All about Air Conditioning Drain Clogging, how it happened and what to do
Your air conditioning system not only eliminates heat from your home, but it also gets rid of humidity too.
During the sticky days of the summer season, it can take a lot of moisture from your indoor air– and all that water needs to go someplace. Preferably, it collects in your air handler’s condensate drip pan, where it flows into a drain tube that leads outside your home. But this tube can become obstructed in time, which can cause water damage.
How Do Clogs Form?
The water that collects in your air handler’s condensate pan includes microscopic bacteria and other tiny particles from the air. As it drips through the drain line, the water leaves a residue that can develop to form algae, mold as well as wet clumps of dust and dirt.
Considering that the drain line leads to the outdoors, it’s also possible that blockages can form from that end, too. If the drain line exits in an unusually dirty location, it could be obstructed with a dirt clod. And if you haven’t used your a/c unit in a while, it’s possible that pests have constructed a nest in the opening.
How Do I Know if I Have a Clog?
When your drain line clogs up, precisely what occurs next depends upon your air handler’s functions. Numerous modern-day air handlers can detect when the drip pan is too full and respond by shutting down. The most sophisticated designs can even send out a text message or email when this occurs. While this is a hassle, it’s much better than the drip pan overruning.
If your air handler does not have this function, you may not discover an issue until you see water leaking through your ceiling or out of your vents. This suggests that the drip pan has actually currently overflowed, and you must shut down your a/c unit immediately.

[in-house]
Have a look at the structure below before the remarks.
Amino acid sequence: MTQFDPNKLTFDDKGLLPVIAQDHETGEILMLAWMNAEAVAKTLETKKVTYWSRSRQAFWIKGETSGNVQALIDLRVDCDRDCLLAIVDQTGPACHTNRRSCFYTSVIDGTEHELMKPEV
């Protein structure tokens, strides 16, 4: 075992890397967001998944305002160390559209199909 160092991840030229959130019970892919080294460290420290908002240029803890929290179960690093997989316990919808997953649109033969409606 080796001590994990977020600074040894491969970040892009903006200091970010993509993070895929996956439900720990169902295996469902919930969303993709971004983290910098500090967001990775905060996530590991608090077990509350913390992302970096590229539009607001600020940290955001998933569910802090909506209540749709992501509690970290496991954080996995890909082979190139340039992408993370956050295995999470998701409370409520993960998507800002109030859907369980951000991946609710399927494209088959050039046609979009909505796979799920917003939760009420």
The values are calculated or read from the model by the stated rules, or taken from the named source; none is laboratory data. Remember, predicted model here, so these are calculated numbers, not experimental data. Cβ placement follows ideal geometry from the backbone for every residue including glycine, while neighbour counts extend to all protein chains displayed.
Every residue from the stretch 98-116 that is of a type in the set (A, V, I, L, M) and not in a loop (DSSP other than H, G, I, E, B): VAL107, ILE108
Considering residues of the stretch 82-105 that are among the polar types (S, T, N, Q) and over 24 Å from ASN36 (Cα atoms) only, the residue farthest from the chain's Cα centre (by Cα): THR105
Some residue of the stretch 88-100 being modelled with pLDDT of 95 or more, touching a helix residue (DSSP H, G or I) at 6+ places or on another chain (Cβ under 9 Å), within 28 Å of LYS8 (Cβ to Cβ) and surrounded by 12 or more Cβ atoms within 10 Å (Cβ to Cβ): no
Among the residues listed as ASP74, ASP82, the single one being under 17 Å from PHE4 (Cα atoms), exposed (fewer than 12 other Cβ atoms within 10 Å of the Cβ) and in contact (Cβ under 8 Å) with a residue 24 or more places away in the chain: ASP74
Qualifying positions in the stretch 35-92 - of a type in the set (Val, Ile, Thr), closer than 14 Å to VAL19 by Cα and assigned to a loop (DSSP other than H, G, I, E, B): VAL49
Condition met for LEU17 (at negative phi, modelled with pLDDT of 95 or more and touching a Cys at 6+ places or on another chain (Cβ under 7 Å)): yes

How Do I Clear a Drain Line Clog?
Cleaning a drain line needs specific equipment, especially a wet/dry shop vac and potentially an air compressor. If your air handler lies in your attic, it will likewise require developing there, perhaps in a tight space. If you’re unable to do this or do not have the equipment, you should leave this job approximately an HVAC specialist– it’s a quick emergency repair work.
If you want to try clearing it yourself, you have to start by locating your air handler’s condensate drip pan, which is typically at the bottom of the system. Thoroughly move the work out (it may be complete to the brim) and utilize a wet/dry vac to remove the water. Remove the pan entirely and clean it in hot, soapy water to eliminate any buildup.
Next, aim to clear the drain line with suction or favorable atmospheric pressure. You can try vacuuming the border from either end, but the obstacle will remain in creating a tight seal around the vacuum hose pipe. You might need to experiment with various attachments or improvise by wrapping a rag around an accessory. Vacuuming will be more efficient if you have a partner plug up the other end of the line.
Additionally, you can utilize an air compressor to blast air into the air handler’s end of the drain tube, in the hopes of blowing the clog out the other end.
Once the drain line is clear, utilize a funnel to pour a gallon of white vinegar through television gradually. This will assist kill any remaining mold and algae and can help reduce the danger of future clogging.
Clearing out a drain line isn’t a DIY job for each homeowner, however, when it needs to be done, it needs to be done immediately. If you require help, call your local One Hour Heating & Air Conditioning without delay.